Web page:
Regional military contingents have started arriving for the East African Community’s Field Training Exercise (FTX) codenamed Ushirikiano Imara, Military and Defence Spokesperson, Brig. Gen. Joseph Nzabamwita has said.
The two-week exercise, that starts this week, is aimed at having a regional common approach on security challenges in the region.
Over 1600 military personnel are expected to take part.
“The contingents have started arriving and the main aim is to have armies that can respond to the challenges in region,” Nzabamwita said.
He further said that rebels like Lord’s Resistance Army in Uganda, FDLR–a militia composed mainly of Rwanda Genocide fugitives–and piracy on the East African coast needed joint efforts to be eliminated, adding that these are no longer national issues but regional issues that require a regional solution.
“When pirates strike in Mombasa the whole region’s trade will be disrupted. That’s why we have to have a joint solution,” he said.
The exercise will focus on the areas of peacekeeping, counter piracy, disaster management and counter terrorism.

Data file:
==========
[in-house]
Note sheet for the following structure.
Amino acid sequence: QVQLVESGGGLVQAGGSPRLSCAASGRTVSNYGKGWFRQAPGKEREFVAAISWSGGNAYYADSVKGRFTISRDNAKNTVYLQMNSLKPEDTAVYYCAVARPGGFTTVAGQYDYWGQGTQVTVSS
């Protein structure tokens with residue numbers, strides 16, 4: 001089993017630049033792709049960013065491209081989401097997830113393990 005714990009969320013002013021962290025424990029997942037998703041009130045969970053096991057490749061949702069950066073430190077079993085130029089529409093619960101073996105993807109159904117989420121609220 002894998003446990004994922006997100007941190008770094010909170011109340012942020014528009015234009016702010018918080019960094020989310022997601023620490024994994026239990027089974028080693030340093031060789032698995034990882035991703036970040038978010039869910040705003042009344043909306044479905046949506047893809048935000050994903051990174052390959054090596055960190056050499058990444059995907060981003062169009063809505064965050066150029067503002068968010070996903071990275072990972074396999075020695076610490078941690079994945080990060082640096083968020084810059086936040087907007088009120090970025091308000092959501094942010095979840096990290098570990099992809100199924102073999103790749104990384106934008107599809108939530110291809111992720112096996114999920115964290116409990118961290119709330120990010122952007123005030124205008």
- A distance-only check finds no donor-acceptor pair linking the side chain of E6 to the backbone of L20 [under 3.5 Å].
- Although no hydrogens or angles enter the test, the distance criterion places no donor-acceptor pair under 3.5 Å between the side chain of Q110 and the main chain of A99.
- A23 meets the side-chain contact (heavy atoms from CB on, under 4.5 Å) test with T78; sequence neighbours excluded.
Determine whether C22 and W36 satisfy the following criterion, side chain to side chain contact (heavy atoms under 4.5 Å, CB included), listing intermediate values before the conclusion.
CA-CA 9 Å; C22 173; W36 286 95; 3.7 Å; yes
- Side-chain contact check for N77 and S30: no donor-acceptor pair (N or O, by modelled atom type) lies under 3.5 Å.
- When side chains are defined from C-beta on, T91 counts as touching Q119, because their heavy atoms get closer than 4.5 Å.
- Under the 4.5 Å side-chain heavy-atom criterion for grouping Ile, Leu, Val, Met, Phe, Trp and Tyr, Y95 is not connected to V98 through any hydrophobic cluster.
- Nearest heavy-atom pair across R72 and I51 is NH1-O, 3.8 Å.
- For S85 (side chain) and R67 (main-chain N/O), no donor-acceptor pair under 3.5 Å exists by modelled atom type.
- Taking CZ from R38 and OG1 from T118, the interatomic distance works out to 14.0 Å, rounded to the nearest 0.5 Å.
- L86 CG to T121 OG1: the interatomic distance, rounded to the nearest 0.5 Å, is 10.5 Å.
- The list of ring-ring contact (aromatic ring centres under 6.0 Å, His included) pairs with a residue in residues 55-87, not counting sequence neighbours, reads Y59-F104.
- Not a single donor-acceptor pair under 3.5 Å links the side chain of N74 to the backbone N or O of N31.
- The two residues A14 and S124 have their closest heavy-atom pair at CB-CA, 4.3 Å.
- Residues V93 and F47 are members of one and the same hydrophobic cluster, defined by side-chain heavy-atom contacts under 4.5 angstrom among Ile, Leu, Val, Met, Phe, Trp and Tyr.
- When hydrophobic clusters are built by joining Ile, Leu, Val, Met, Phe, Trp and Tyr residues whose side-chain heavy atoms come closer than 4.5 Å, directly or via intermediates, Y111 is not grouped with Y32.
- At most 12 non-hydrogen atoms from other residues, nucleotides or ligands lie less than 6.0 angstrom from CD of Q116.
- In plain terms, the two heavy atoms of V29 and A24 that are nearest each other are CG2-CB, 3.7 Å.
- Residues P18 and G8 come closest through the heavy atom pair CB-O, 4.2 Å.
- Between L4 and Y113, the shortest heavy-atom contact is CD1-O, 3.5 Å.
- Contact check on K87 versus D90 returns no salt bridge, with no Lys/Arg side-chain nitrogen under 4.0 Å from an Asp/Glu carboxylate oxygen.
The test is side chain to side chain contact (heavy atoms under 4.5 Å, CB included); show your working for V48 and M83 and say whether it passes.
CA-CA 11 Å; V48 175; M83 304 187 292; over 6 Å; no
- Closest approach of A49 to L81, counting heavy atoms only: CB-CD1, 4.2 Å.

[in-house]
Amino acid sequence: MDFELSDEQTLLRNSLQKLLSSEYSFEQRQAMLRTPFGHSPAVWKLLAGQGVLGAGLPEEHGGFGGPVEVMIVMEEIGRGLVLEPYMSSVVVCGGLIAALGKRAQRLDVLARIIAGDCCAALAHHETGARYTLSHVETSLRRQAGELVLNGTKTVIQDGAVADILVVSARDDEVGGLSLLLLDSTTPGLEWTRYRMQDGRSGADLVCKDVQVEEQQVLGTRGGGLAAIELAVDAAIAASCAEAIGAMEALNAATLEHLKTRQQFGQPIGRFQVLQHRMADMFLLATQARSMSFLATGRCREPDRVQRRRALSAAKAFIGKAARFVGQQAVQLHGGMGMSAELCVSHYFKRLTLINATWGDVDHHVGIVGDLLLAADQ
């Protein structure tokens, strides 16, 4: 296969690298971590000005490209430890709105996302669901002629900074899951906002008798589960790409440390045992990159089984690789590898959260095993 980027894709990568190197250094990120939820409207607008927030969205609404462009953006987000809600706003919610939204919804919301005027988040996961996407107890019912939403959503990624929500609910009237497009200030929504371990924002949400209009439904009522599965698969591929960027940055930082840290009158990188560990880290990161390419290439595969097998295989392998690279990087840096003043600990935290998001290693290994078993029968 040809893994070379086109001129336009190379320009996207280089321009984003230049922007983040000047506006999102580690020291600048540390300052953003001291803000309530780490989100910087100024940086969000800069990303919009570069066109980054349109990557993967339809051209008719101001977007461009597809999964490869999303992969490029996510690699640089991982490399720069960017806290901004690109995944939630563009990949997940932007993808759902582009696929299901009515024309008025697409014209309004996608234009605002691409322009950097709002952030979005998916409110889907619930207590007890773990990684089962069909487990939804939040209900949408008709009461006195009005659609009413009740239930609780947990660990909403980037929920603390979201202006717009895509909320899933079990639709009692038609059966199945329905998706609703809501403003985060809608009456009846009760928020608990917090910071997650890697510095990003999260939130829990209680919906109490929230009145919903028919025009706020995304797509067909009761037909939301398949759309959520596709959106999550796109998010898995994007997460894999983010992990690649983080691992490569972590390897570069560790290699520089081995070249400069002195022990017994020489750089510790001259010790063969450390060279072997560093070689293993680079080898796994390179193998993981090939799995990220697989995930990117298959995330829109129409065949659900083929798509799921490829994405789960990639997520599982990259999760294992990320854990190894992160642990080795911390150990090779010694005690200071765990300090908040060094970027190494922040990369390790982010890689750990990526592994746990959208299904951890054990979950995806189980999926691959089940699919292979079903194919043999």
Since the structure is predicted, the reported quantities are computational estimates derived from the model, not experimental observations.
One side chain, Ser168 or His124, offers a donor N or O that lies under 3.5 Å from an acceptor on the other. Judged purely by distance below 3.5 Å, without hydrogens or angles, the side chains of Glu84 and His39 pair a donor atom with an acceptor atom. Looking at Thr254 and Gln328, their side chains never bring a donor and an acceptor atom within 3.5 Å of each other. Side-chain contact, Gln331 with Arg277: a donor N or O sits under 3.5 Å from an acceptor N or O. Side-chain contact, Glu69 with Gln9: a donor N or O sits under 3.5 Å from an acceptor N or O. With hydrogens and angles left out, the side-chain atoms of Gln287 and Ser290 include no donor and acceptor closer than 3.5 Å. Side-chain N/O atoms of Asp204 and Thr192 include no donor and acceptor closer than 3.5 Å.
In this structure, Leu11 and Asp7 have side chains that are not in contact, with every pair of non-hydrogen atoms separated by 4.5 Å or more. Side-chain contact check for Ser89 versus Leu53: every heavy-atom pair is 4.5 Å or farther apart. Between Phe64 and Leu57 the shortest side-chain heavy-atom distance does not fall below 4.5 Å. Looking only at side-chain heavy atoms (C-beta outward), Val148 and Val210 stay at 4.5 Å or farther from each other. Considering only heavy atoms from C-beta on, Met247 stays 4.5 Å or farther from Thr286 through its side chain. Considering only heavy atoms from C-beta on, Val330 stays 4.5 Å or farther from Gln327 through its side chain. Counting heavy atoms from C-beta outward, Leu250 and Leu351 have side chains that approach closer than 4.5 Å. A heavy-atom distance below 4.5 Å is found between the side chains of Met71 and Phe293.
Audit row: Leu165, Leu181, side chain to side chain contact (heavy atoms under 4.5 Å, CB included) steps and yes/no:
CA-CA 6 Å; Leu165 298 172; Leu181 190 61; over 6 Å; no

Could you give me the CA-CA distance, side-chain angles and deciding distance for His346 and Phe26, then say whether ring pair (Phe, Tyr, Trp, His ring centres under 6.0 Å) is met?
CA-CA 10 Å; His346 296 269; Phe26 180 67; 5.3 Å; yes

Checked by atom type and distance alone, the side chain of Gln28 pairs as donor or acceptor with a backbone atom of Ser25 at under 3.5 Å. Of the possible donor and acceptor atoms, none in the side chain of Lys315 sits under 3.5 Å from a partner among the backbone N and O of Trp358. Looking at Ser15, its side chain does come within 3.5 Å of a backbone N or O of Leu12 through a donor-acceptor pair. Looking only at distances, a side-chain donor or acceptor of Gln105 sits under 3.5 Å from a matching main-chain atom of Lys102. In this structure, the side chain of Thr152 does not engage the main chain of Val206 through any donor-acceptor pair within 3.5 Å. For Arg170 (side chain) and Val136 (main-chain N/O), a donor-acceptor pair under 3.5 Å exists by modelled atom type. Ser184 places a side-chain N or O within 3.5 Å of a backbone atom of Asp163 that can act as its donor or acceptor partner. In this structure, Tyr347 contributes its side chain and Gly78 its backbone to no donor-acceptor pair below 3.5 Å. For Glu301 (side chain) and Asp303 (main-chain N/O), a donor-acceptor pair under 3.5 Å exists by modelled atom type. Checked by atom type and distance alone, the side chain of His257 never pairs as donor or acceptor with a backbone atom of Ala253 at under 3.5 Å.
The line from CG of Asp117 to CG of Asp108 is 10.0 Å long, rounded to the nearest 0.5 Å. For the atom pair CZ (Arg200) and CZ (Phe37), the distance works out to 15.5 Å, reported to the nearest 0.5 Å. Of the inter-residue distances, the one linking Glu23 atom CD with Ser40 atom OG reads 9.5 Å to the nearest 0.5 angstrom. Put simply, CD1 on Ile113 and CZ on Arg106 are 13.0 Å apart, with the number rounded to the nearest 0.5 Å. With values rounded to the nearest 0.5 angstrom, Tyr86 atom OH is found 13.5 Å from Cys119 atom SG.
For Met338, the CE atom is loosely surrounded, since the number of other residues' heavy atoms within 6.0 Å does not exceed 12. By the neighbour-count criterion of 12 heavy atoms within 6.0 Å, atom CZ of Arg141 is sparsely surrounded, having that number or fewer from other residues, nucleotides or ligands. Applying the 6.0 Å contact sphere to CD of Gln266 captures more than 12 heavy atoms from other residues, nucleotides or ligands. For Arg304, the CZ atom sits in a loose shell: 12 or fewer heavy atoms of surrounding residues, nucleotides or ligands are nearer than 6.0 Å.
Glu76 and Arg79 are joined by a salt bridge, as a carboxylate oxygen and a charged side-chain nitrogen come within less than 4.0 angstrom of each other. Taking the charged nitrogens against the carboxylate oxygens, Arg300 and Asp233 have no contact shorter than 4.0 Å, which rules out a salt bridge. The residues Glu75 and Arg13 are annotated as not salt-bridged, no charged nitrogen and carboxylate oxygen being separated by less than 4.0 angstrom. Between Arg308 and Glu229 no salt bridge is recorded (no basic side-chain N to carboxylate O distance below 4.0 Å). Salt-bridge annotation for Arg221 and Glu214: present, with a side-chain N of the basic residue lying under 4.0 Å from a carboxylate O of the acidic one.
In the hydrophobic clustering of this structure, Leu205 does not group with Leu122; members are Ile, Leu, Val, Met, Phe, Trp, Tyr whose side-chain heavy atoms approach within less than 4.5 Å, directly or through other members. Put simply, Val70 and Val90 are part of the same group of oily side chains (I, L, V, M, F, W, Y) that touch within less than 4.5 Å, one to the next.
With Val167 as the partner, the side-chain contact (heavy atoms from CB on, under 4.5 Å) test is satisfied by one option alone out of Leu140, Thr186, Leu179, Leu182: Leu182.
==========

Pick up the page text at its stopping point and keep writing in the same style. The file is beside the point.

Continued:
The exercise will be hosted at Rwanda Military Academy, Gako in the Eastern Province and on Lake Kivu in Western province.
Speaking to The New Times recently, Kenya Defence Forces’ Col. Francis Ng’anga, who is also the chairman of exercise’s preparatory committee, said the training is aimed at preparing the regional armies to face any security threats.
“We have to be prepared for any threat to the region. However, this training helps the partner states armies to sit down and strategize ways of intervening and solving the problem,”
The regional member countries have recently been destabilised by terrorists. In July 2010 the terrorists killed over 70 people in Ugandan capital Kampala.
Kenya has also seen a rise in terrorist attacks.
Recently during the 10th extra-ordinary summit of EAC, Heads of State approved and signed the EAC protocol on co-operation in defence.
The summit directed that the protocol be ratified and instruments of ratification deposited with the EAC Secretary General by November 30, 2012.
They agreed that the negotiations on the mutual defence pact commence immediately thereafter.
By Eric Kabeera, The New Times